Individual murres lay eggs year after year that have similar background colors and sizes, which may help them identify their own egg amongst a crowded colony.

Interannual repeatability of eggshell phenotype in individual female Common Murres (Uria aalge)


The recognition of own progeny is critical in group-living organisms that provide parental care for their young. Thecolonial seabird Common Murre (Uria aalge(Pontoppidan, 1763); also known as the Common Guillemot) does not build a nest, sodirect cues must be available for the parents to recognize their own egg. However, only anecdotal evidence exists that, as seenin other avian lineages where examined, eggshells of Common Murres are also consistent in most aspects of their appearancebetween different breeding attempts by each female. Using digital photography, we quantified several eggshell traits of ahandful of captive Common Murres across multiple years. Individual female Common Murre eggs were significantly repeatablein background colour, maculation coverage, spot shape, and shell size. Laying individually consistent and recognizable eggshellsacross breeding attempts may benefit Common Murres by reducing both the cost of relearning and the risk of misidentifyingtheir own eggs. More generally, these data also add to the growing knowledge of individually consistent eggshell genesis by theavian reproductive system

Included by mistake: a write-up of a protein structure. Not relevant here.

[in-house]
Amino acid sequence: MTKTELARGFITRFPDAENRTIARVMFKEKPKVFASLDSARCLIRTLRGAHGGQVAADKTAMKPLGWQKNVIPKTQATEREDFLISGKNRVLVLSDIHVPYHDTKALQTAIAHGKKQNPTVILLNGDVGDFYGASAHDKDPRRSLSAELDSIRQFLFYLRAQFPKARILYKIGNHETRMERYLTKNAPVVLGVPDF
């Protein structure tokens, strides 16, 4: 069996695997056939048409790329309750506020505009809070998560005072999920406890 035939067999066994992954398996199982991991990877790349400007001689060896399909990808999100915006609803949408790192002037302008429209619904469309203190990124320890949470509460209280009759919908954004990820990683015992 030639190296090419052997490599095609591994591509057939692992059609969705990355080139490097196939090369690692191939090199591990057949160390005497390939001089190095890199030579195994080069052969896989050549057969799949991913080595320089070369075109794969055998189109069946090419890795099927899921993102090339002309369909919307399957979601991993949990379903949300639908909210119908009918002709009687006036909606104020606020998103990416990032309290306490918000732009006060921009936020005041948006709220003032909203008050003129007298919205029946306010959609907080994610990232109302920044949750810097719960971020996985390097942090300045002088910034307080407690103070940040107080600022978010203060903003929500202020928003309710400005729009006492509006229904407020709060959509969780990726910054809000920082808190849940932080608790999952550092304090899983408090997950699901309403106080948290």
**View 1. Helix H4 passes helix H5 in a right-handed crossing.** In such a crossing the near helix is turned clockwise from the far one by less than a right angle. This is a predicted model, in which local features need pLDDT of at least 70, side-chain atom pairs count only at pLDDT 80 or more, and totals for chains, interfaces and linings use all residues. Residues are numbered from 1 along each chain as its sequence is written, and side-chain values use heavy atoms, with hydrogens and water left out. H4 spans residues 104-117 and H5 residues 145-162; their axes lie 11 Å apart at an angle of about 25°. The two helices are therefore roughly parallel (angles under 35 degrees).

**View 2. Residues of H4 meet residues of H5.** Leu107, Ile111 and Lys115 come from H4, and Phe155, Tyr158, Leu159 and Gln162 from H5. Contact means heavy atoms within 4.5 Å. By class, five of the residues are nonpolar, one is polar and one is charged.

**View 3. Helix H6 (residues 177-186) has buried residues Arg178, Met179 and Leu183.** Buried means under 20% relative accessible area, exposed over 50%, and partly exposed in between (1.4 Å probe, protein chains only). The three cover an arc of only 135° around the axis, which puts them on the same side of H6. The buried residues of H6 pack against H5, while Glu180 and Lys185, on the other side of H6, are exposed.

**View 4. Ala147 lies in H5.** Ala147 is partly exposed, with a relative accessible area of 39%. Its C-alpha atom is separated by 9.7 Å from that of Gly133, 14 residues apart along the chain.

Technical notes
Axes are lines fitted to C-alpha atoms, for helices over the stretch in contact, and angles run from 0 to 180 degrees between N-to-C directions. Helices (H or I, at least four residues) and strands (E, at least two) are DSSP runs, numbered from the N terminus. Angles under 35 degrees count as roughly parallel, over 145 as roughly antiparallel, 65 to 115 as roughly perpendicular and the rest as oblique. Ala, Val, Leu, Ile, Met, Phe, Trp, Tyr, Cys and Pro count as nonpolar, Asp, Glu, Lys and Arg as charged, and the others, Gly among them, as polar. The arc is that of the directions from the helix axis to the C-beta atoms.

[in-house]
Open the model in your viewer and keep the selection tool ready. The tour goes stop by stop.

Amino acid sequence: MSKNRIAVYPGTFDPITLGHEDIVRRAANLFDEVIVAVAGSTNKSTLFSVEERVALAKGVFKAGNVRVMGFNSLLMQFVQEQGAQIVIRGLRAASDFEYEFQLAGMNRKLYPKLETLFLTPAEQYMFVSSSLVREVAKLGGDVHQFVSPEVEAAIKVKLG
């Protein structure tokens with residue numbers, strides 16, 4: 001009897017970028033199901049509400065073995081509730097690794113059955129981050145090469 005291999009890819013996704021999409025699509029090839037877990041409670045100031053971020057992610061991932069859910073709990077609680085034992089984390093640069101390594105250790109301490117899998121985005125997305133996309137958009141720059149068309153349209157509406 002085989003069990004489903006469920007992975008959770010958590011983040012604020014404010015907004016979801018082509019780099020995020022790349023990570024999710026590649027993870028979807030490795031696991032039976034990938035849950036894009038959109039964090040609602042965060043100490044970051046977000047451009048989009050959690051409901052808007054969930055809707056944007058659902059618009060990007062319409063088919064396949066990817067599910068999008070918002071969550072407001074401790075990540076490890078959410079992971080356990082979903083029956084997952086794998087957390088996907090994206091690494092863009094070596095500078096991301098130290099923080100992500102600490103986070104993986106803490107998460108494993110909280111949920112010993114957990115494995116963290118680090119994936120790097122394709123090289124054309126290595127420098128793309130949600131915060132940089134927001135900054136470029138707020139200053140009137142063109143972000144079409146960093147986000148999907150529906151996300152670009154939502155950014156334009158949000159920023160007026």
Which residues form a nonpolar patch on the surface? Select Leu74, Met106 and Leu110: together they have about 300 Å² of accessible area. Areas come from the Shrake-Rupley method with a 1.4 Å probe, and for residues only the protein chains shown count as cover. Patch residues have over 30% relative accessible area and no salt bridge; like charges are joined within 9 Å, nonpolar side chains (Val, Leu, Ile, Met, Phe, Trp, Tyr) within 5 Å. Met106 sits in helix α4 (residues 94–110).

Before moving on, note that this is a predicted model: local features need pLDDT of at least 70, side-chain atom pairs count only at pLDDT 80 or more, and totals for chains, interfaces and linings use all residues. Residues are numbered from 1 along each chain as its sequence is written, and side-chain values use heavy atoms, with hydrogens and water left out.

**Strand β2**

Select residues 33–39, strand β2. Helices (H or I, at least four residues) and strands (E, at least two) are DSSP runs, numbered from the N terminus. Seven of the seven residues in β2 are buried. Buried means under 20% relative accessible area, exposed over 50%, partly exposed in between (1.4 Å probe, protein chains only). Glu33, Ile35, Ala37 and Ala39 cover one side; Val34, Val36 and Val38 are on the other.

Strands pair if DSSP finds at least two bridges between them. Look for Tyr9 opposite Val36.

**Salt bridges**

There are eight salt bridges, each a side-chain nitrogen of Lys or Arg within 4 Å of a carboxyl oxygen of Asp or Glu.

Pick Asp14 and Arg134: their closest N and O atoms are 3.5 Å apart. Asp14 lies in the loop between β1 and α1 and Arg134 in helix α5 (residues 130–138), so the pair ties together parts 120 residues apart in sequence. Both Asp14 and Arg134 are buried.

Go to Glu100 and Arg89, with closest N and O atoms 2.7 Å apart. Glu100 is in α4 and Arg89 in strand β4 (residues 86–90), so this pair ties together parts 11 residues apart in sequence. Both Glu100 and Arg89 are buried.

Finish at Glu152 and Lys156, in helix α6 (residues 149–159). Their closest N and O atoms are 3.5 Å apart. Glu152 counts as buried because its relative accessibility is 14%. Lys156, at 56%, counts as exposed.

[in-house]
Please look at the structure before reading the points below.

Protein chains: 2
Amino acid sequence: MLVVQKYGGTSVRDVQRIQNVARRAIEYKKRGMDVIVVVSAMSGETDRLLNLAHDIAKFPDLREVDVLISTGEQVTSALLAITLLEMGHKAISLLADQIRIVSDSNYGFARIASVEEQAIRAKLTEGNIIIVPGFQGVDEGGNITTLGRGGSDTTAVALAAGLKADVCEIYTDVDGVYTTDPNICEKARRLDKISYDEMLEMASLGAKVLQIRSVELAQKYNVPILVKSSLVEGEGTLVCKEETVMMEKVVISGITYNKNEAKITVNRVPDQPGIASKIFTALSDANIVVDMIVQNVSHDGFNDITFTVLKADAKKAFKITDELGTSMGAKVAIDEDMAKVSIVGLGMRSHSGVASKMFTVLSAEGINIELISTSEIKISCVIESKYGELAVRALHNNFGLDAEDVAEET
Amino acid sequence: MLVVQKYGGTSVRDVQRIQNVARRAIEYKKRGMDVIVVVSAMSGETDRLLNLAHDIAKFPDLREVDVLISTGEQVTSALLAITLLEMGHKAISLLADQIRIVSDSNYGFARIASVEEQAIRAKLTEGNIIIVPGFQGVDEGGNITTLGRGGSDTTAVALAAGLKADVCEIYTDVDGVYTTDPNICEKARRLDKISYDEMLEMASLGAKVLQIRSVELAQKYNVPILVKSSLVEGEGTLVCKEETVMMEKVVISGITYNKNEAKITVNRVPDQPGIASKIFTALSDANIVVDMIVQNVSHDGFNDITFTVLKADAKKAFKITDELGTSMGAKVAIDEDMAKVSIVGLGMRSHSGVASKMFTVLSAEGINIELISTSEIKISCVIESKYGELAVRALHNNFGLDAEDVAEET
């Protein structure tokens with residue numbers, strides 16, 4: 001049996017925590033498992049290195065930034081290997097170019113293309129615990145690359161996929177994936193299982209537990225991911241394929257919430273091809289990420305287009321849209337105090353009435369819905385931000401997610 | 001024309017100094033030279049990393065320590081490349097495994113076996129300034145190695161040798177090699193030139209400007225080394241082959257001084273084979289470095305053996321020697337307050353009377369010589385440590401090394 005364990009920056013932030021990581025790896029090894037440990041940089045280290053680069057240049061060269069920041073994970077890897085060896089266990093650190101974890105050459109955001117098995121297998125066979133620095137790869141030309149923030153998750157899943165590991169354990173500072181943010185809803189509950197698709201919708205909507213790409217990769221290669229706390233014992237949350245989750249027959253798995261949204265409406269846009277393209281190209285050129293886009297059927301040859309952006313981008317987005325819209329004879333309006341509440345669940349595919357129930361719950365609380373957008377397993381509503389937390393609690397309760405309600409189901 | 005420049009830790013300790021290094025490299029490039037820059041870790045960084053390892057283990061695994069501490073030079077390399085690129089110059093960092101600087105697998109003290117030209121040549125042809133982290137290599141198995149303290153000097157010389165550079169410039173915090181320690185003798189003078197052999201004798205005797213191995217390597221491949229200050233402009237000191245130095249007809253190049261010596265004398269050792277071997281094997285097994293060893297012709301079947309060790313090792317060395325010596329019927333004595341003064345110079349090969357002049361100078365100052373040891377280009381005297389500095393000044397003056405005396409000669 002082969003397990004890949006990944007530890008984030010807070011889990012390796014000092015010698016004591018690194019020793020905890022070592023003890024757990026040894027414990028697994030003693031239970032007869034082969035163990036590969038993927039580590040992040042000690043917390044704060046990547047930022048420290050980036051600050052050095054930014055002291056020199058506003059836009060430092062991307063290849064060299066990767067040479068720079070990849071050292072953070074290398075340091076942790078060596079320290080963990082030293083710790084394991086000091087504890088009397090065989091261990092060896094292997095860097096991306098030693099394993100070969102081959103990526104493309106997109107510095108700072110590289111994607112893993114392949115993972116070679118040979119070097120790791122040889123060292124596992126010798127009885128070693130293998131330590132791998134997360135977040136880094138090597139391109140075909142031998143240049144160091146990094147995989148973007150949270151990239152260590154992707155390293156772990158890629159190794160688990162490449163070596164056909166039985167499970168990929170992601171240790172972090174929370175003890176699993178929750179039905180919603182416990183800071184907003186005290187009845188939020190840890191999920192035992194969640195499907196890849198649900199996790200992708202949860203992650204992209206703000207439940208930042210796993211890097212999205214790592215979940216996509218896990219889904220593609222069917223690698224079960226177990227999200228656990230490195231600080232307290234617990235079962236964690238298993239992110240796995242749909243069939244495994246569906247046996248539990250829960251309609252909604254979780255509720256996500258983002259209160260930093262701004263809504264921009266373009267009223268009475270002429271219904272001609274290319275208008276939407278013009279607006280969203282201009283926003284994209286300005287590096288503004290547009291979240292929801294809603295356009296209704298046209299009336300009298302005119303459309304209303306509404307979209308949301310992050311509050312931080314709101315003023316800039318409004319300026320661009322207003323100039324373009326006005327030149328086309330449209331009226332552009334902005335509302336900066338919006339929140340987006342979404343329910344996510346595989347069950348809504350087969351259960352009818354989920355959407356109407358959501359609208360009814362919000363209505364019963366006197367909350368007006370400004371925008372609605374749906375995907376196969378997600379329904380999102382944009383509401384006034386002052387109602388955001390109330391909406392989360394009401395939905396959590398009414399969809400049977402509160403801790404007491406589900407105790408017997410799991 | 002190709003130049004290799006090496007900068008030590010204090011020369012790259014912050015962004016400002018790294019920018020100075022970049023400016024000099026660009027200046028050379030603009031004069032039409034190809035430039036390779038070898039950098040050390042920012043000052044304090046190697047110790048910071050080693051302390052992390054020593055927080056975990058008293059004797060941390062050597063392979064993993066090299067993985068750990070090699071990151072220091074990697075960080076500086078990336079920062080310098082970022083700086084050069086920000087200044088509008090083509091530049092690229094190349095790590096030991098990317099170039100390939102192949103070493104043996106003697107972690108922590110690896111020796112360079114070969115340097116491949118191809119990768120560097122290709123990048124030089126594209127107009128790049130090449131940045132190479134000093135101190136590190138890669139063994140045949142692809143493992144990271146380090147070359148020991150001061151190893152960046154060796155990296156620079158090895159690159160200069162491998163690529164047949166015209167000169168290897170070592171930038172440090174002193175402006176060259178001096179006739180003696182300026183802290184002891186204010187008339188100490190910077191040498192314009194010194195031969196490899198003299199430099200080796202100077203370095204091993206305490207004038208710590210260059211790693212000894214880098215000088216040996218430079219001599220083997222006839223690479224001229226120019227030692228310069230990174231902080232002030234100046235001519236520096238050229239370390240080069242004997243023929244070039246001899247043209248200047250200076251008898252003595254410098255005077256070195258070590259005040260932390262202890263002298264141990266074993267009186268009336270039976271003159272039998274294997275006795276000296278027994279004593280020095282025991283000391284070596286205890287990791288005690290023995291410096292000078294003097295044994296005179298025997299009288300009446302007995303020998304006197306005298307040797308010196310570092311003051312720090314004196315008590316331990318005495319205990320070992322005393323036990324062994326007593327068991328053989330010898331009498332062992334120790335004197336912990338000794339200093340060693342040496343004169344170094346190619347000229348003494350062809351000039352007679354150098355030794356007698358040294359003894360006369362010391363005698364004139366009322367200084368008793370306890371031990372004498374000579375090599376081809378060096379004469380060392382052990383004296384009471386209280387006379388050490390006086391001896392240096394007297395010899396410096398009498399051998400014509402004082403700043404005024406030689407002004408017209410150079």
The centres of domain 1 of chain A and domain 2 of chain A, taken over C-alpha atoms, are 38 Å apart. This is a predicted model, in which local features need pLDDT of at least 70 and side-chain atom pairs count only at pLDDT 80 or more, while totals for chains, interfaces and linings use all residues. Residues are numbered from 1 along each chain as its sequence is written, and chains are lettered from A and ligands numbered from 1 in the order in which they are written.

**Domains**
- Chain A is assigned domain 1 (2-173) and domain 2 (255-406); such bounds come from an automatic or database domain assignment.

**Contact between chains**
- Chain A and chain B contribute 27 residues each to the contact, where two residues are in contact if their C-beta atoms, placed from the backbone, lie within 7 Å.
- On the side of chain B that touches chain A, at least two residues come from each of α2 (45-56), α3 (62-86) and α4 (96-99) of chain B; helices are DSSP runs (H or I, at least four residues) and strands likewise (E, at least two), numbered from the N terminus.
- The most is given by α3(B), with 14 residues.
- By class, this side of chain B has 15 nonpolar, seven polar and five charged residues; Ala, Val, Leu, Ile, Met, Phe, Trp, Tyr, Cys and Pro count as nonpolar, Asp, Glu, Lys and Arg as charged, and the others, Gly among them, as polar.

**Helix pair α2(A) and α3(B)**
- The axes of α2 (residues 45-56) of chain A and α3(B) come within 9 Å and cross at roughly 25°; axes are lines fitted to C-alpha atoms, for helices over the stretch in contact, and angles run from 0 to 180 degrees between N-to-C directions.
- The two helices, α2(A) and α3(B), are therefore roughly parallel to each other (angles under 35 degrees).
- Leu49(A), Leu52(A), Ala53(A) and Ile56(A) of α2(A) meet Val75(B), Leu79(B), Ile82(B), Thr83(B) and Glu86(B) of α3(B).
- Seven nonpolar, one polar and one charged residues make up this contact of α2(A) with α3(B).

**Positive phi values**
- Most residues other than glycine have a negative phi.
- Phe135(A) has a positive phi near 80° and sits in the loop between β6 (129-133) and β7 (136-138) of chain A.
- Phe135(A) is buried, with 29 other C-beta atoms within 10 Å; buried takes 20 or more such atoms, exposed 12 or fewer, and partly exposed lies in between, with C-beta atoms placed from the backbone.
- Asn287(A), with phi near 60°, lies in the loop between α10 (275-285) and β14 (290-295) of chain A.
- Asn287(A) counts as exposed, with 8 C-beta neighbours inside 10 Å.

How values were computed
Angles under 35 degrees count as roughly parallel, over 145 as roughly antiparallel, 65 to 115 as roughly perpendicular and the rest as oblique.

Canadian Journal of Zoology 97: 385–391

Contribution: Statistical analyses, Table 1 and Figure 3